* Condenser Microphone
The condenser microphone is a very simple mechanical system, with almost no moving parts compared with other microphone designs. It is also one of the oldest microphone types, dating back to the early 1900’s. It is simply a thin stretched conductive diaphragm held close to a metal disk called a backplate. This arrangement basically produces a capacitor, and is given its electric charge by an external voltage source. This source is often phantom power, but in many cases condenser mics have dedicated power supply units. When sound pressure acts on the diaphragm it vibrates slightly in response to the waveform. This causes the capacitance to vary in a like manner, which causes a variance in its output voltage. This voltage variation is the signal output of the microphone. There are many different types of condenser microphones, but they are all based on these basic principles.
* Dynamic Microphone
A dynamic mic is one in which audio signal is generated by the motion of a conductor within a magnetic field. In most dynamic mics, a very thin, light, diaphragm moves in response to sound pressure. The diaphragm’s motion causes a voice coil that is suspended in a magnetic field to move, generating a small electric current. Generally less expensive than condenser mics (although very high quality dynamics can be quite expensive), dynamics feature quite robust construction, can often handle very high SPLs (Sound Pressure Levels), and do not require an external power source to operate. Because of the mechanical nature of their operation, dynamic mics are commonly less sensitive to transients, and may not reproduce quite the high frequency “detail” other types of mics can produce. Dynamic mics are very common in live applications. In the studio, dynamics are often used to record electric guitars, drums and more.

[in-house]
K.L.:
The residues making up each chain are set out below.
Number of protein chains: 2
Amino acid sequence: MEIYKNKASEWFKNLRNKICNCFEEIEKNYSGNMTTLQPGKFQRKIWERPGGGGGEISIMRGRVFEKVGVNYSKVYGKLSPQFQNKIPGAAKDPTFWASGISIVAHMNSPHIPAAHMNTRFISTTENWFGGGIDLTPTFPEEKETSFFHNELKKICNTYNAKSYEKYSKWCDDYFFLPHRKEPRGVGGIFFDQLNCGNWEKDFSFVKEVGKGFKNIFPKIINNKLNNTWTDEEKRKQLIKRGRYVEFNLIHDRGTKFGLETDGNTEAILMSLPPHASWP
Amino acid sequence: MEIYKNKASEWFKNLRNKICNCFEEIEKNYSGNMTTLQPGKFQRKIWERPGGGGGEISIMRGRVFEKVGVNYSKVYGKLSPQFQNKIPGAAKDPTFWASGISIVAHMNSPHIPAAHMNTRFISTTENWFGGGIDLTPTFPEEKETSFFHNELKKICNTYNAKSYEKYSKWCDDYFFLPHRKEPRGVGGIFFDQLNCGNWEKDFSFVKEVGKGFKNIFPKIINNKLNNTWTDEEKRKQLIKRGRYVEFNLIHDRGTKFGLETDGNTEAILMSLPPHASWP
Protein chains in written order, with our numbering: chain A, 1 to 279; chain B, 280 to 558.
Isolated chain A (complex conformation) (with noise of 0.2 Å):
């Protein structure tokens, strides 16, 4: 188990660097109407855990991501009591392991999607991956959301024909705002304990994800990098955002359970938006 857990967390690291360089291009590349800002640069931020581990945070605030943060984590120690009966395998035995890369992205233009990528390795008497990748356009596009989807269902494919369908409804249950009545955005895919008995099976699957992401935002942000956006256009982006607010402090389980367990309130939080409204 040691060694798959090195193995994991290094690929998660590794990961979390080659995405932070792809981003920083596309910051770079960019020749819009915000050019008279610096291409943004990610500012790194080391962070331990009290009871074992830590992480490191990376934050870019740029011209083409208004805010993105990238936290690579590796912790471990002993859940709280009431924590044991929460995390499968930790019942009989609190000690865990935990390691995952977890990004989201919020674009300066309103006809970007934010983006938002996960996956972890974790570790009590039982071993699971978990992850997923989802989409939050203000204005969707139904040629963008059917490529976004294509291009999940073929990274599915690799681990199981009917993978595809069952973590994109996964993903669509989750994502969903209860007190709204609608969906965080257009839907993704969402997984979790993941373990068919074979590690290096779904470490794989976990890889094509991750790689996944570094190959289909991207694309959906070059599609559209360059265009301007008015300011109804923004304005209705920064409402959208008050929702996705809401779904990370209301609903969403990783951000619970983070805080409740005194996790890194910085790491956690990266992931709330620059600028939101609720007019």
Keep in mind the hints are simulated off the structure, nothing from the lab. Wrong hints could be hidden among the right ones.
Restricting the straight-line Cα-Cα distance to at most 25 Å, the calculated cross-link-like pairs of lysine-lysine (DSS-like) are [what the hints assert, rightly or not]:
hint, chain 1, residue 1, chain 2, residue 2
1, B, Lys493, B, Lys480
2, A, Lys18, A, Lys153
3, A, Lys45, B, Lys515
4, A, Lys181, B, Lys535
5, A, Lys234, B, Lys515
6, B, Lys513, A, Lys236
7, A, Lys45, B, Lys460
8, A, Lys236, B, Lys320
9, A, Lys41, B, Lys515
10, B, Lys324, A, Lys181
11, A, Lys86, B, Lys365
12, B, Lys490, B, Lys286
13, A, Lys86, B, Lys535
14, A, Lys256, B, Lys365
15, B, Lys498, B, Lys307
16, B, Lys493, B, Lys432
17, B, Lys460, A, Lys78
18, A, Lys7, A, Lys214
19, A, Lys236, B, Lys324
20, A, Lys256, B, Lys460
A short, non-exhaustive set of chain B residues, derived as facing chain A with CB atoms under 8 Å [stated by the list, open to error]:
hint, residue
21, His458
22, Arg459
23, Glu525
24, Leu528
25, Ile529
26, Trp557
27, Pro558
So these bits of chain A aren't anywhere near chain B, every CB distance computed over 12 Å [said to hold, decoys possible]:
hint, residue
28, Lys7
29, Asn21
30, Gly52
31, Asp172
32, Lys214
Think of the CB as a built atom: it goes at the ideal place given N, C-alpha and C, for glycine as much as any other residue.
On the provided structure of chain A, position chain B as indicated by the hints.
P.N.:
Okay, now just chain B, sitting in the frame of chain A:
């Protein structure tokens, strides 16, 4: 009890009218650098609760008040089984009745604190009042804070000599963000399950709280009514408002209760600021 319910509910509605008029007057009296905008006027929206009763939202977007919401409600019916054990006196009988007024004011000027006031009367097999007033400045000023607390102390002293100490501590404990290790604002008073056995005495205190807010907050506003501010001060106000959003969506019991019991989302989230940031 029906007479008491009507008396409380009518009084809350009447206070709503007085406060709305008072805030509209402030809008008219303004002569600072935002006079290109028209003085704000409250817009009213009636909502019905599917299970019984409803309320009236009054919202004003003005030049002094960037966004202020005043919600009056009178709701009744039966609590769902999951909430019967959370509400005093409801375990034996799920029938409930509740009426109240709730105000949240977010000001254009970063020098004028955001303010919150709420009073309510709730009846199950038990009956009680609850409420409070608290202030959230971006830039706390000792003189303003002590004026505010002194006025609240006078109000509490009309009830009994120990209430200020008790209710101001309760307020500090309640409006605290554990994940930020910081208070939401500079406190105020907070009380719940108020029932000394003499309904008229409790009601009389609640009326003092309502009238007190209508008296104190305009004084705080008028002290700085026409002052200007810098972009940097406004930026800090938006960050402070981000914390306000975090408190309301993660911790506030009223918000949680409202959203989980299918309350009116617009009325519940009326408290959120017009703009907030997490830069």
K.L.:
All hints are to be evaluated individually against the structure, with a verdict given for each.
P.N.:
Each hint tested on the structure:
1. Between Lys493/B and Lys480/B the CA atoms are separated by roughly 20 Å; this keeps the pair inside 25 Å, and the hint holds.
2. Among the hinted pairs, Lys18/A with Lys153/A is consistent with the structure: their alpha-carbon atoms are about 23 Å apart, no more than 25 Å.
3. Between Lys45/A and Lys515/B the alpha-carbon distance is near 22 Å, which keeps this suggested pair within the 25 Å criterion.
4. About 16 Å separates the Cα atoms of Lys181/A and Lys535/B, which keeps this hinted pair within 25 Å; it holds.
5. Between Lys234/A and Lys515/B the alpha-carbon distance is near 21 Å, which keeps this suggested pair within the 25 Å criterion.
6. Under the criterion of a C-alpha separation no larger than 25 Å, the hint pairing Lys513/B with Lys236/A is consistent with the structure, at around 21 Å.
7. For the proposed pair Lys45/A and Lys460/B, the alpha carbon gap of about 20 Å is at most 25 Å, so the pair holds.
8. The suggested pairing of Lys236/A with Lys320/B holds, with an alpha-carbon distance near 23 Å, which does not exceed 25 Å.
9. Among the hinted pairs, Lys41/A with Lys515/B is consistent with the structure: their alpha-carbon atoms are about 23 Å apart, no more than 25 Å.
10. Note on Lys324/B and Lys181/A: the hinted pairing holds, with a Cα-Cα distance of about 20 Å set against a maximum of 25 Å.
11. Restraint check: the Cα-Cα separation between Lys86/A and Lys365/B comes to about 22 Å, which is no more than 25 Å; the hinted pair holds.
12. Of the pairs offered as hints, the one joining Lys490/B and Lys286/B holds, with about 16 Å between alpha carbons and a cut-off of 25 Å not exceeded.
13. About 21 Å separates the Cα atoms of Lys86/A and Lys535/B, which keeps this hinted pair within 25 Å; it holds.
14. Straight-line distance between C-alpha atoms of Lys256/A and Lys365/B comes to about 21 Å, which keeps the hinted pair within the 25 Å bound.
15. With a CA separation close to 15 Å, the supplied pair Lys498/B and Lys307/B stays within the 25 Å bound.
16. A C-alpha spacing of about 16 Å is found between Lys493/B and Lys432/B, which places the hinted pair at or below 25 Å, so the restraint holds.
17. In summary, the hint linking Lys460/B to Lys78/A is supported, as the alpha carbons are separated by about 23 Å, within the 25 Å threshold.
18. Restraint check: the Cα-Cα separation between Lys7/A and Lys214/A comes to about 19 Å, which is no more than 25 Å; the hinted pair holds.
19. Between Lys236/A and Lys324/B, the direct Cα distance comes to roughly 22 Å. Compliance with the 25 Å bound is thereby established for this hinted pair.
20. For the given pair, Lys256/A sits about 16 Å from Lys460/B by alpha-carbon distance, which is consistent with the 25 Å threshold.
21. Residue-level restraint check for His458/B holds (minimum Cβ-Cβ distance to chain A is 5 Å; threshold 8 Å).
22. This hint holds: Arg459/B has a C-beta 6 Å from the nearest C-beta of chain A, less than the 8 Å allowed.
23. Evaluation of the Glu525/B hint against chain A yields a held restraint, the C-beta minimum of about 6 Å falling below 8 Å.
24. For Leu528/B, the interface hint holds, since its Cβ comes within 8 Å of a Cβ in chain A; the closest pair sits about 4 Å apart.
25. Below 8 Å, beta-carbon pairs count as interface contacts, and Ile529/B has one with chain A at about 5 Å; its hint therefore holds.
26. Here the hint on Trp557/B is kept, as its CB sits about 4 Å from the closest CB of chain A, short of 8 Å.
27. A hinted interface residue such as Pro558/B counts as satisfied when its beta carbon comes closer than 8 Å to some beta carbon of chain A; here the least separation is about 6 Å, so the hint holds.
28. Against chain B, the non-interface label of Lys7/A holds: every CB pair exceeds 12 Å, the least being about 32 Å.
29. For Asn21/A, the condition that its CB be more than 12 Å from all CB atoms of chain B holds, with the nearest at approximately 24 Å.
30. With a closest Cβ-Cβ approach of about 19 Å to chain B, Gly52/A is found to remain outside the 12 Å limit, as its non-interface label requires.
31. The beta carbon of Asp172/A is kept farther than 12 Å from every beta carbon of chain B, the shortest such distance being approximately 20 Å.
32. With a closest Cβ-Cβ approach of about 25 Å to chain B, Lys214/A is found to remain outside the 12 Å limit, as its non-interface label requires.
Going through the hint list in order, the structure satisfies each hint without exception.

* Ribbon Microphone
A type of velocity microphone. A velocity microphone responds to the velocity of air molecules passing it rather than the Sound Pressure Level, which is what most other microphones respond to. In many cases this functional difference isn’t important, but it can certainly be an issue on a windy day. Very old ribbon mics could be destroyed from the air velocity created just by carrying them across a room; today’s ribbon mics can handle the rigors of daily studio use. A ribbon mic works by loosely suspending a small element (usually a corrugated strip of metal) in a strong magnetic field. This “ribbon” is moved by the action of air molecules and when it moves it cuts across the magnetic lines of flux causing a signal to be generated. Naturally ribbon mics have a figure 8 pick up pattern. You can think of it like a window blind; it is easily moved by wind blowing at it, but usually doesn’t move when wind blows across it from left to right. Ribbon mics were the first commercially successful directional microphones.